The 9S Pro hits a price that places it in a crowded field. But there are few bikes in that category that match the 9S Pro’s quality and performance.

The Aventon Soltera, one of the best budget electric bikes, checks in at $1,400 and also features a rear hub motor. It’s comfortable too, and it features a throttle to help you get going from stoplights — one area the 9S Pro can improve. But the Soltera’s motor does not feel as powerful as the 9S Pro, especially on hills. 

Propella 9S Pro parked in grass

(Image credit: Tom's Guide)

The Ride1Up Roadster V2 comes in just under $1,100 and is quite a bit lighter than the 9S Pro. But it also features rim brakes rather than disc brakes, and it’s a singlespeed; no additional gears to bail you out when you need it. The Roadster advertises a 24 MPH max assist speed, which bests the 9S Pro. But the maximum advertised range is also much lower than the 9S Pro’s, at up to 30 miles.

Propella 9S Pro review: Verdict

The 9S Pro is a good investment for city commuting, with an easily-removable battery you can take with you when the bike is parked and 2-inch wide tires to counter potholes and neglected surfaces.  It offers a host of features that get it going up to speed quickly and quietly, and the motor feels appropriately powerful for most city commuting conditions and rolling terrain.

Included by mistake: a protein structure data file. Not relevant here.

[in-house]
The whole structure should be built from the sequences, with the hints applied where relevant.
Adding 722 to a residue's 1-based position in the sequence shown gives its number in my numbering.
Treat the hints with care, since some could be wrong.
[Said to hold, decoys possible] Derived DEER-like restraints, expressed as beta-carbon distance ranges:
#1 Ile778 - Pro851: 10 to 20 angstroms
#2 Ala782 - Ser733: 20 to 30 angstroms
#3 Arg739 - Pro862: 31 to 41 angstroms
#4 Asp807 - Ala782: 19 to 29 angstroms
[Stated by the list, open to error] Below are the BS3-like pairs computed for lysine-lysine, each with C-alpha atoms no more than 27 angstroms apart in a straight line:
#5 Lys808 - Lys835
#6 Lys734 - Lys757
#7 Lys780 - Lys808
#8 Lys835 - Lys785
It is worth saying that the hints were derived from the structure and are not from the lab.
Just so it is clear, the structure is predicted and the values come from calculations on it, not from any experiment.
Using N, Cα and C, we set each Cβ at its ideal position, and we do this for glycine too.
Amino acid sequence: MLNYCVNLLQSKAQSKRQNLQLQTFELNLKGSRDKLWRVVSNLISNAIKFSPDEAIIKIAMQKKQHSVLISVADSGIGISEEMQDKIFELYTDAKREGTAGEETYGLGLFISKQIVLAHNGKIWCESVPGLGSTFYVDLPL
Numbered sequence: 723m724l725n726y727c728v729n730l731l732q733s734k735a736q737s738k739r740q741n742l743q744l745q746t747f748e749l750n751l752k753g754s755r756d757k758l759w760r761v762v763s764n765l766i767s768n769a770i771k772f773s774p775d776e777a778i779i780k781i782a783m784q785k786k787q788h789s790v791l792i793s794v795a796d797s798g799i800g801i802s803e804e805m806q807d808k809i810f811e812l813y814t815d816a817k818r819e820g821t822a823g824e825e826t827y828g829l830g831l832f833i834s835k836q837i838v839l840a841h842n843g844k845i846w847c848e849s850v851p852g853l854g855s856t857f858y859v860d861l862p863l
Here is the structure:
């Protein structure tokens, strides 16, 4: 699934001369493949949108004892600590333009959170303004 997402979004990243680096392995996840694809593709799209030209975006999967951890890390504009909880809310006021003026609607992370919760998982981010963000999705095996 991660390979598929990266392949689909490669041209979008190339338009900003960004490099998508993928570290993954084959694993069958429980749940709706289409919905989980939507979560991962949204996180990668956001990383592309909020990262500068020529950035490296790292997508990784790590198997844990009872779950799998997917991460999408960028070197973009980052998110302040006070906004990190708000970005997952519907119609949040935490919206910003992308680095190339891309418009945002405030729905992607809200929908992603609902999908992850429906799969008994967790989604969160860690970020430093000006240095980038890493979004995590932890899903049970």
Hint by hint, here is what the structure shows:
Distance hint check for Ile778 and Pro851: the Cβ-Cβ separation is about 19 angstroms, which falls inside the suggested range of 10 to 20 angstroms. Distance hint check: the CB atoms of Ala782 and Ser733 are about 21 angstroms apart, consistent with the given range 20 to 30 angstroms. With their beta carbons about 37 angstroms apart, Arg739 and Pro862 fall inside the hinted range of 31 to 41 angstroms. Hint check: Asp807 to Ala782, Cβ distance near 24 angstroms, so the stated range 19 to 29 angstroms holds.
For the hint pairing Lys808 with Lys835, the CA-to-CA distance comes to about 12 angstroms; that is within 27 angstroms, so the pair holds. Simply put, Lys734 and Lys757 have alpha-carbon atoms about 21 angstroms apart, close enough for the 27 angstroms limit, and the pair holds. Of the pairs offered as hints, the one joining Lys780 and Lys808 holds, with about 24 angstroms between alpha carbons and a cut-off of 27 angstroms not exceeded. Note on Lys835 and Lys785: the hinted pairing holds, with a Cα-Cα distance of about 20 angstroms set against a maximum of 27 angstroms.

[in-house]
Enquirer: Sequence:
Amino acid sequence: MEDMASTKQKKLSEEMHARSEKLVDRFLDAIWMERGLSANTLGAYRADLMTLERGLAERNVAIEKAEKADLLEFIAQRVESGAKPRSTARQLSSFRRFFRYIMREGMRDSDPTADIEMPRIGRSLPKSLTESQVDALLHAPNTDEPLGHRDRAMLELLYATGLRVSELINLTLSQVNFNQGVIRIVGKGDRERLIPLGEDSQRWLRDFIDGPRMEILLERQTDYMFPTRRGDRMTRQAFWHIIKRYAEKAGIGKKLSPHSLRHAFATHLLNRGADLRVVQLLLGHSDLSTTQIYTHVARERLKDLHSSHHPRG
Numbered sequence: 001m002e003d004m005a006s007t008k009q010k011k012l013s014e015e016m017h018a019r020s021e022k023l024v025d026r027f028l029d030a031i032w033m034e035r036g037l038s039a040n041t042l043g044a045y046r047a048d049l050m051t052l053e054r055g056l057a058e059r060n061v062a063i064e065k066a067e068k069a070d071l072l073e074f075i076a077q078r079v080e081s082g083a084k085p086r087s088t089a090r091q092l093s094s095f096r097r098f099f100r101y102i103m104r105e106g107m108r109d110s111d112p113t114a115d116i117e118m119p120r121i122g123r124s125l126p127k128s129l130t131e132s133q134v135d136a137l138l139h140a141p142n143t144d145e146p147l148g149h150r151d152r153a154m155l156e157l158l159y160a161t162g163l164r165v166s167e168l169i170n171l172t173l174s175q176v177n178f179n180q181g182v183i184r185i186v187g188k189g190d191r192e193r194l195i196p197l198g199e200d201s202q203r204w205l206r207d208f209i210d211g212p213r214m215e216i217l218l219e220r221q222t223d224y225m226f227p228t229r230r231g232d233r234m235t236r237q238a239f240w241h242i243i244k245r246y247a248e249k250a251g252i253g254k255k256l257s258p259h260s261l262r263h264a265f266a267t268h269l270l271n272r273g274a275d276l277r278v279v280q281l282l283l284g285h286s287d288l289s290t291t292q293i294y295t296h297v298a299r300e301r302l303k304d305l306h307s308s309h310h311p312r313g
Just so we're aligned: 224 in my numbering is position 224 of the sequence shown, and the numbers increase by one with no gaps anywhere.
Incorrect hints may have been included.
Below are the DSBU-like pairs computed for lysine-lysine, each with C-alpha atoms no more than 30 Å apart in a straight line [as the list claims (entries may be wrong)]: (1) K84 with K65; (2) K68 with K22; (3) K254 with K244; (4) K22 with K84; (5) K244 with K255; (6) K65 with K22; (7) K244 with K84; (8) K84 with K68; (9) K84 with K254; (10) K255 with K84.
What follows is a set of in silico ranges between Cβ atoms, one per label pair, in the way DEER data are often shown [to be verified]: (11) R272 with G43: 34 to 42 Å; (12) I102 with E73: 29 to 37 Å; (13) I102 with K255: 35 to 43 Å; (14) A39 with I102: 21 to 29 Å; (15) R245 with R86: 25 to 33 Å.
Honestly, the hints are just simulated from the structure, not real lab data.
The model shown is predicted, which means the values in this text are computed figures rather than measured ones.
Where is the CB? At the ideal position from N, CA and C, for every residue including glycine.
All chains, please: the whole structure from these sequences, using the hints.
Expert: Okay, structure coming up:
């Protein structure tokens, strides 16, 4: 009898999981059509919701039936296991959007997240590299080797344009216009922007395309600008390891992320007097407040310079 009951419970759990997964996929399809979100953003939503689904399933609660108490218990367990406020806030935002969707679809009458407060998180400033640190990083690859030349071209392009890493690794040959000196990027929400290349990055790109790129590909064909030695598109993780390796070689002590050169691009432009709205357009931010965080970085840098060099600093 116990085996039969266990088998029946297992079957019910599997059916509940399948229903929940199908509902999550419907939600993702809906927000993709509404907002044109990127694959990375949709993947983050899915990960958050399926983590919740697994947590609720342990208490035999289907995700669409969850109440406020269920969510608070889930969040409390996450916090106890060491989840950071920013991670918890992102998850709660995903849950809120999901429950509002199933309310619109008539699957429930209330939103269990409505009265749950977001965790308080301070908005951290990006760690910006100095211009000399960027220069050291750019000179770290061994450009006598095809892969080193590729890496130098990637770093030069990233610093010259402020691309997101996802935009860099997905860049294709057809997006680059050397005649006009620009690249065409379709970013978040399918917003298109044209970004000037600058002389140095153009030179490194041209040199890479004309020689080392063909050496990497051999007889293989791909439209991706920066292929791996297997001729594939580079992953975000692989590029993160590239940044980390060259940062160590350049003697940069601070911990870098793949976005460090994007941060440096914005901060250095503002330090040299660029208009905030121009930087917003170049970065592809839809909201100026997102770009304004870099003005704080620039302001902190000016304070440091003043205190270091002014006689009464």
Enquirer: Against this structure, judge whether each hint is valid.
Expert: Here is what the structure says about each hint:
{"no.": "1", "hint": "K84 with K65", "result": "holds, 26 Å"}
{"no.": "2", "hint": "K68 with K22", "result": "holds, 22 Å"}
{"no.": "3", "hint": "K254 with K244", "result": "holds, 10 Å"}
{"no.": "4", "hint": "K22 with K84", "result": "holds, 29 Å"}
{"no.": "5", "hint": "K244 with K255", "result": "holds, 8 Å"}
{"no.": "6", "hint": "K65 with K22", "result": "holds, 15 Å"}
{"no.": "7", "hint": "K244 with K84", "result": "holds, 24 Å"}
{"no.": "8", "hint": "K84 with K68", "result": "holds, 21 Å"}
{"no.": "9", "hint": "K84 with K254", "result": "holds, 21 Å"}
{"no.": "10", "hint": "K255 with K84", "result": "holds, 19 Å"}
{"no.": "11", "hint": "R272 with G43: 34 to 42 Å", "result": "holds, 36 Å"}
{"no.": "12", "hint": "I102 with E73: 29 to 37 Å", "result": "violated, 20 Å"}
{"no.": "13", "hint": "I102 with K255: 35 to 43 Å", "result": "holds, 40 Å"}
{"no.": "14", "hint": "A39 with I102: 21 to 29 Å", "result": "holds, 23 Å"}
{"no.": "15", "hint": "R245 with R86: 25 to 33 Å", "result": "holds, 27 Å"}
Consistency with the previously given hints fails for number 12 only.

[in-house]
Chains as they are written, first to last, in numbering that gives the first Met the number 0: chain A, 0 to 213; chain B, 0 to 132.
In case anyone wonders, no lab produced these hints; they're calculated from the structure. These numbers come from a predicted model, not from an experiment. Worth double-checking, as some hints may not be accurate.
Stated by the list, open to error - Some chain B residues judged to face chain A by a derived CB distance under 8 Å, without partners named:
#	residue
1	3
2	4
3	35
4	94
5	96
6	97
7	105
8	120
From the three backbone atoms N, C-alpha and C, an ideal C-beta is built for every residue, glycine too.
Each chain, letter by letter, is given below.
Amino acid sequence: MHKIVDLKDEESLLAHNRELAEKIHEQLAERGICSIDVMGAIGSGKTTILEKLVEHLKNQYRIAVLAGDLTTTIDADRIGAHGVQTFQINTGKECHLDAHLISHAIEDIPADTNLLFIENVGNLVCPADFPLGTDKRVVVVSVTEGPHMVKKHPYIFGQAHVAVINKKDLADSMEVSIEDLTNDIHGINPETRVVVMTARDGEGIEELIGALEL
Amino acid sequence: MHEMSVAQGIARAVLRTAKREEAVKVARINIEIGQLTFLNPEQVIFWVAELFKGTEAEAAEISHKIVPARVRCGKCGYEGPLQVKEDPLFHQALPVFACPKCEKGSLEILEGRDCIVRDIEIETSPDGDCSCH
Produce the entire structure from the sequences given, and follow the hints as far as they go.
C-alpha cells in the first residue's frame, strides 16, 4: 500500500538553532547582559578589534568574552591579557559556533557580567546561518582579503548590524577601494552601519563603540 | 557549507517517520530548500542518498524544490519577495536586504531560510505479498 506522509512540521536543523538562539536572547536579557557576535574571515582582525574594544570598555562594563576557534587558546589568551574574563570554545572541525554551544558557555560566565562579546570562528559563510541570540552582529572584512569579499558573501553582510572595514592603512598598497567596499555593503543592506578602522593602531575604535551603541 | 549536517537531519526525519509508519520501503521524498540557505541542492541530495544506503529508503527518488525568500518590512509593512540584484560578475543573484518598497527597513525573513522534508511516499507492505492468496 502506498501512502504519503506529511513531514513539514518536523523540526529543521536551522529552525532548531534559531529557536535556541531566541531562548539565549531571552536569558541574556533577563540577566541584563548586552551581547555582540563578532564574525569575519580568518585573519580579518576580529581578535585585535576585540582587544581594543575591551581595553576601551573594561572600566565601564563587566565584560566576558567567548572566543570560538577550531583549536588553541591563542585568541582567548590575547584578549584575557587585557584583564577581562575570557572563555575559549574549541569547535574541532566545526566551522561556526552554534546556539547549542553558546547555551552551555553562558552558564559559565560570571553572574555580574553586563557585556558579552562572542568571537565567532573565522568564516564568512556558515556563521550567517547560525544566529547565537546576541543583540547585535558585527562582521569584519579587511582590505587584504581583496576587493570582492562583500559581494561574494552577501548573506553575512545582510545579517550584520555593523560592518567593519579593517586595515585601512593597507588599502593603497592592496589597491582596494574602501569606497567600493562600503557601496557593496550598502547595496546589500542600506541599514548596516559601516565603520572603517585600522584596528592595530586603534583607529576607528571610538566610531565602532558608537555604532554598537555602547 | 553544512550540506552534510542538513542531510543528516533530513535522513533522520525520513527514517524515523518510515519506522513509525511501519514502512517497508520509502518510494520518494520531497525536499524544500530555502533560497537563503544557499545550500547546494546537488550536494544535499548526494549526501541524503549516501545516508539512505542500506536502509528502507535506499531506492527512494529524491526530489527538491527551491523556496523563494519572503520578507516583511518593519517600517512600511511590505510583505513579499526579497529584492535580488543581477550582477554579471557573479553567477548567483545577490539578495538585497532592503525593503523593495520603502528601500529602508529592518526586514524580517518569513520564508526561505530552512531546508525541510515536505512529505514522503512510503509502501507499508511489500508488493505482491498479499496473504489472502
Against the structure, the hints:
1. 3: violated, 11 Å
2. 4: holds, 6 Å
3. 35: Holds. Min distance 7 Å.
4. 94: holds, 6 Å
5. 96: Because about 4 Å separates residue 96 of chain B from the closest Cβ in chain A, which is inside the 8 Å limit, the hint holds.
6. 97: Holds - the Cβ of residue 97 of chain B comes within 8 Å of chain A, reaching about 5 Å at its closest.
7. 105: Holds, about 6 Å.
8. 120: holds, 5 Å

The hydraulic disc brakes are a nice touch for all-weather stopping power. Propella offers plenty of accessories to make this a useful commuter bike, even if you want to haul some groceries — just add the rear rack for added cargo capacity. It feels solidly built, yet it keeps weight generally low at 41 pounds (without added accessories). Overall, the Propella 9S Pro is a good choice for those who want something a little more powerful than the company’s starting model. 

Dan Cavallari

Dan Cavallari is the former technical editor for VeloNews Magazine, who currently reviews electric bikes, bike lights, and other bike accessories for Tom's Guide. In addition to VeloNews, his work has appeared in Triathlete Magazine, Rouleur Magazine,, Road Bike Action, Mountain Bike Action,,, and much more. Dan also hosts two podcasts on his site, Slow Guy on the Fast Ride: One is about cycling and other outdoor activities, while the other looks at mental health issues. Most recently, Dan also covered the 2022 Tour de France. Dan lives outside of Denver, Colorado with his family.